That all sounds really interesting! If you'd like any inspiration, @Worffan101 had a really good timeline a few years ago called Age of (near) Extinction detailing a lot of examples of OTL extinct species surviving. A lot of the posts are specifically about hominids like Neanderthals or Homo erectus surviving, which I feel would be a bit outside the scope of Atlas Altera, but there are also a lot of interesting pieces on other species surviving that you could possibly take inspiration from (with permission, of course).Yeah, that's similar to my line of thinking. I think Java, Sumatra, Iran etc. provide good examples of highly dense human populations living alongside megafauna and apex predators, even if the populations of those animals have become highly marginal and restricted to small pockets of areas. For the moas and elephant birds, I was thinking domestication due to the fact that the birds might not have a flight reflex to humans, and having the tweak that the Austronesians that discover the animals clue in quicker that herding the animals instead of striking them dead might be fruitful in the long run... For the saber tooths, I was hoping the Andes could help, and for the marsupials...well we have until colonialism to prove that they are viable, except Thylacoleo might need something...perhaps surviving in Cantabria (big Tasmania).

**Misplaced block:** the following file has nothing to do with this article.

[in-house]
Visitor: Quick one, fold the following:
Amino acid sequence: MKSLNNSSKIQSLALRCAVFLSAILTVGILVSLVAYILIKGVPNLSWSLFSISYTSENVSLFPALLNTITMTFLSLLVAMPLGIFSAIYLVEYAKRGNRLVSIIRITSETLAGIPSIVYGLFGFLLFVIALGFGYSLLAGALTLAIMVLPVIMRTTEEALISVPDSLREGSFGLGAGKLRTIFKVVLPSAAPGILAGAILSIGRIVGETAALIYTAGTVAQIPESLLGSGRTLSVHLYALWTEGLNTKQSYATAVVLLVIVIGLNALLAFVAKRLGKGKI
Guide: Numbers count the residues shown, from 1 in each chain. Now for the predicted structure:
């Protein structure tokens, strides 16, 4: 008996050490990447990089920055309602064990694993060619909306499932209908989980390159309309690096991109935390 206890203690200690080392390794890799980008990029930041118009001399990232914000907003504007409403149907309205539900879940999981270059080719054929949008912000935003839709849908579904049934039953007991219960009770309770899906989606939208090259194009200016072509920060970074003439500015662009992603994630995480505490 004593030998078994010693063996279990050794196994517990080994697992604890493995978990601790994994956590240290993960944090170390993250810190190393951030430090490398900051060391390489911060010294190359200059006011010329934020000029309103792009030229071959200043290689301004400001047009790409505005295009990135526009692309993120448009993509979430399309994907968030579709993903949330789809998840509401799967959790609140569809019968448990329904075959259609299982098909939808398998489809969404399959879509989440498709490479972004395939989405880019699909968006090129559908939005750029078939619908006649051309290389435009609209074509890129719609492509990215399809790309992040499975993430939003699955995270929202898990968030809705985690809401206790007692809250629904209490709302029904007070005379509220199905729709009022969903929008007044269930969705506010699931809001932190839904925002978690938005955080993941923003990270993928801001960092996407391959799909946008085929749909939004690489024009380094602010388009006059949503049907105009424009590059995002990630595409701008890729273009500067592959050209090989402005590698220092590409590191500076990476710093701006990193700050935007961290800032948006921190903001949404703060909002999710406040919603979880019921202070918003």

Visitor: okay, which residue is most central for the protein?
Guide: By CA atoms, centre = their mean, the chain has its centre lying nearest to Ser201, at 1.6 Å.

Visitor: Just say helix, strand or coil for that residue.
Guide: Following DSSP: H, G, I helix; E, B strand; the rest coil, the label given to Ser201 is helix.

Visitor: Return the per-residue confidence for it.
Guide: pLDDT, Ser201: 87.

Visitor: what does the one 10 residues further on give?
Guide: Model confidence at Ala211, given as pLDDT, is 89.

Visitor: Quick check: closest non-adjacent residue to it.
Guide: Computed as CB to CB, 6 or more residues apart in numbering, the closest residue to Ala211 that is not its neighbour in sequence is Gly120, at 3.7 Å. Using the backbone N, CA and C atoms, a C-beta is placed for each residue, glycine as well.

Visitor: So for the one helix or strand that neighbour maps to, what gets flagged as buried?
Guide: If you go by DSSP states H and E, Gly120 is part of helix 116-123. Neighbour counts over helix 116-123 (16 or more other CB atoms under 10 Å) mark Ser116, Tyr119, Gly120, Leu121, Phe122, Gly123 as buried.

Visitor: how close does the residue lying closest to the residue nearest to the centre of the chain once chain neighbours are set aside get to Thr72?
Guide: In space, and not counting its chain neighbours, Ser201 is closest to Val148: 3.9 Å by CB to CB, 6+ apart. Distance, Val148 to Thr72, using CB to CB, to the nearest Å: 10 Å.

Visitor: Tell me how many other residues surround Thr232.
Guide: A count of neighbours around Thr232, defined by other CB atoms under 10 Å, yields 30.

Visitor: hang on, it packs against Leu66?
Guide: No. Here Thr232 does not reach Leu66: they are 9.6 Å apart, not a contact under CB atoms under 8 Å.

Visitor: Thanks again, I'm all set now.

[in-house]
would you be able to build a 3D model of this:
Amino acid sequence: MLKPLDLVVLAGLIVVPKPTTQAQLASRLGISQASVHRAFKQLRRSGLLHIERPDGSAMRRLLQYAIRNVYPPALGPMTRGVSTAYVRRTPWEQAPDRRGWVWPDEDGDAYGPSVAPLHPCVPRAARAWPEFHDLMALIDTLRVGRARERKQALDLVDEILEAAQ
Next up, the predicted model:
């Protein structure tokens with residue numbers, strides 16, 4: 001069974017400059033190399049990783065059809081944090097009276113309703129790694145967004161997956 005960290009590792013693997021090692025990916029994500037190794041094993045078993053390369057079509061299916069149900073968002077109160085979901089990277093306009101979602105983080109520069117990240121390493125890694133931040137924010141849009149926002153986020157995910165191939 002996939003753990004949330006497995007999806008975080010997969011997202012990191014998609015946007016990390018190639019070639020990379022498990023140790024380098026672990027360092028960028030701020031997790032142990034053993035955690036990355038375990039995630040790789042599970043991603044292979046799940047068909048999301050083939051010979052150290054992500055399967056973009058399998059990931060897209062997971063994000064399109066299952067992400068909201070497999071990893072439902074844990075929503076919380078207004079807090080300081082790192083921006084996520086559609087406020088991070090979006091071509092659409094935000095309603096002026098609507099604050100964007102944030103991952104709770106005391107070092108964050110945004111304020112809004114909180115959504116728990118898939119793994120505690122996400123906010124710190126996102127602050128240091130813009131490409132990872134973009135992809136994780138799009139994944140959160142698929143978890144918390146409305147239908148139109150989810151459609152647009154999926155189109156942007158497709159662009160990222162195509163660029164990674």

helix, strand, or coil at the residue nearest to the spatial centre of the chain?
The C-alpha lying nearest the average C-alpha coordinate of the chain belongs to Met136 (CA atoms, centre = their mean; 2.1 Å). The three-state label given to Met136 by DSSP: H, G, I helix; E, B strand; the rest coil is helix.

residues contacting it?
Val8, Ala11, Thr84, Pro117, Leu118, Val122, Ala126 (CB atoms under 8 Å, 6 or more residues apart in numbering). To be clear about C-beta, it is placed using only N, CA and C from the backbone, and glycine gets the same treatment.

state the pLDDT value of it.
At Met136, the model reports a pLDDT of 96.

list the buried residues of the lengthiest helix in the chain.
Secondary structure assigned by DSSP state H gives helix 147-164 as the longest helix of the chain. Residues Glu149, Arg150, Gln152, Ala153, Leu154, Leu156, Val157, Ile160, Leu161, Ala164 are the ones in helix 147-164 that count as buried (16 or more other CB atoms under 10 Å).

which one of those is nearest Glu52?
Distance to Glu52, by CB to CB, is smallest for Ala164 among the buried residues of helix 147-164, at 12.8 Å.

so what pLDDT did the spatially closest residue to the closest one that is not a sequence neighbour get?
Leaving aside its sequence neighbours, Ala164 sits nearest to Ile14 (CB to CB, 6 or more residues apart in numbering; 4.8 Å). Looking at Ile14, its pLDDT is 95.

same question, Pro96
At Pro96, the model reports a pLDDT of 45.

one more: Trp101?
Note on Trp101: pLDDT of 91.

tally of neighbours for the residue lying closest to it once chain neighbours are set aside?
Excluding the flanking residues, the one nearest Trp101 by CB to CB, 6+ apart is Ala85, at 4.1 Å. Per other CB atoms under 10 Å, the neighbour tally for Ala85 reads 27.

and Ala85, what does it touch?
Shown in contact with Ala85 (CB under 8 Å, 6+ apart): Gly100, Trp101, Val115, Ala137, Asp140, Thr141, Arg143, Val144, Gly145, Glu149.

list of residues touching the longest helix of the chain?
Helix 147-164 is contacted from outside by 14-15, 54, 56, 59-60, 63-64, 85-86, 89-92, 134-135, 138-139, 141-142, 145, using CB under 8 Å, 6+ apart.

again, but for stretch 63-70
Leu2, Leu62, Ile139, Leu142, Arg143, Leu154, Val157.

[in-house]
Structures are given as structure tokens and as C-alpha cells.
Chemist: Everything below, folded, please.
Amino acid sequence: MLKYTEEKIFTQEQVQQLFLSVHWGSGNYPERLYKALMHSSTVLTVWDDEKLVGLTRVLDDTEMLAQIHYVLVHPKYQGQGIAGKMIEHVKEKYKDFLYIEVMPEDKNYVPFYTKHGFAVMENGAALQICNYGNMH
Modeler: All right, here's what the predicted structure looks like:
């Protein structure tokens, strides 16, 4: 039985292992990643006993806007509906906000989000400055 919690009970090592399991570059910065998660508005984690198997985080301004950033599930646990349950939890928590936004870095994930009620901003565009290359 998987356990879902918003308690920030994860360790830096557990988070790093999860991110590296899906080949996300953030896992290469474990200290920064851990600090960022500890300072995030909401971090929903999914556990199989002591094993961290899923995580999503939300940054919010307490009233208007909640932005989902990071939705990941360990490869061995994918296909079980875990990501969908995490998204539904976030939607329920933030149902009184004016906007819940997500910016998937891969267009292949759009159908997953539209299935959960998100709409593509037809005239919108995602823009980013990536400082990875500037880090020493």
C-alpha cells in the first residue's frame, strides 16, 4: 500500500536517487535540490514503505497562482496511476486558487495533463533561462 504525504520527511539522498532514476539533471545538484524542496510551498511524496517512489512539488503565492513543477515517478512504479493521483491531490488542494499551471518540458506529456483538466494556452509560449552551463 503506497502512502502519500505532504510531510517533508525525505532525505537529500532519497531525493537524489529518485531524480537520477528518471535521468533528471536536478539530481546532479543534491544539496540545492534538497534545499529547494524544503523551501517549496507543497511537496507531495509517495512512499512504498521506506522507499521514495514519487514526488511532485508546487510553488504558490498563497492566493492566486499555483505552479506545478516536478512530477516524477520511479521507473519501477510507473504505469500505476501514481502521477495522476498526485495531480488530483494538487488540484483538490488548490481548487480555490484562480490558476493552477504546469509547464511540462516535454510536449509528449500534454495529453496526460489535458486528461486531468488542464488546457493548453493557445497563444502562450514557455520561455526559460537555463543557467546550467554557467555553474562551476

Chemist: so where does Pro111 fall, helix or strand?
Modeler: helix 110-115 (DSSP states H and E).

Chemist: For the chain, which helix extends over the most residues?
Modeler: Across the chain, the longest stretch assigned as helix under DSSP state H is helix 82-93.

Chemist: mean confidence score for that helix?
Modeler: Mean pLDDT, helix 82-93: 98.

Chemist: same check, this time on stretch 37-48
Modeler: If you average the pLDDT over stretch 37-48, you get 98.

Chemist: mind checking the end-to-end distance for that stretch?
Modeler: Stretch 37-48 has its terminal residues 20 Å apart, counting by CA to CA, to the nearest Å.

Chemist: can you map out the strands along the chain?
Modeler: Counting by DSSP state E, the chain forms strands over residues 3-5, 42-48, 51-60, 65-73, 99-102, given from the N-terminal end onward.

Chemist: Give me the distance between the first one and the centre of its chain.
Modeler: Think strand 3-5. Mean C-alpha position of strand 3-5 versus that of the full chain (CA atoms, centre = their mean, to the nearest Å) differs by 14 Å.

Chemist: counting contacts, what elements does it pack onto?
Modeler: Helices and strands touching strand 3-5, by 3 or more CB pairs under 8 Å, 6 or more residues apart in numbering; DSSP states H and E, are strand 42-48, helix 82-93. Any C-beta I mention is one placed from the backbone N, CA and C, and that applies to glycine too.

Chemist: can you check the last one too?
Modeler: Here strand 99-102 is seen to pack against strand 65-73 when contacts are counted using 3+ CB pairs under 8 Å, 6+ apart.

More specifically, I'd be interested in seeing if any other major megafauna in South America or Australia (the OTL continent, not Kerguelen) survived due to how unique these biospheres were, and in Australia specifically I'd be interested in how the inland sea's impacted different biomes and different lifeforms.
One more note is how these different animals might impact local cultures. Even IOTL there's some level of cultural memory of extinct animals like mammoths in the myths of various peoples in Siberia and North America, so having these animals survive could lead to some very interesting cultural developments.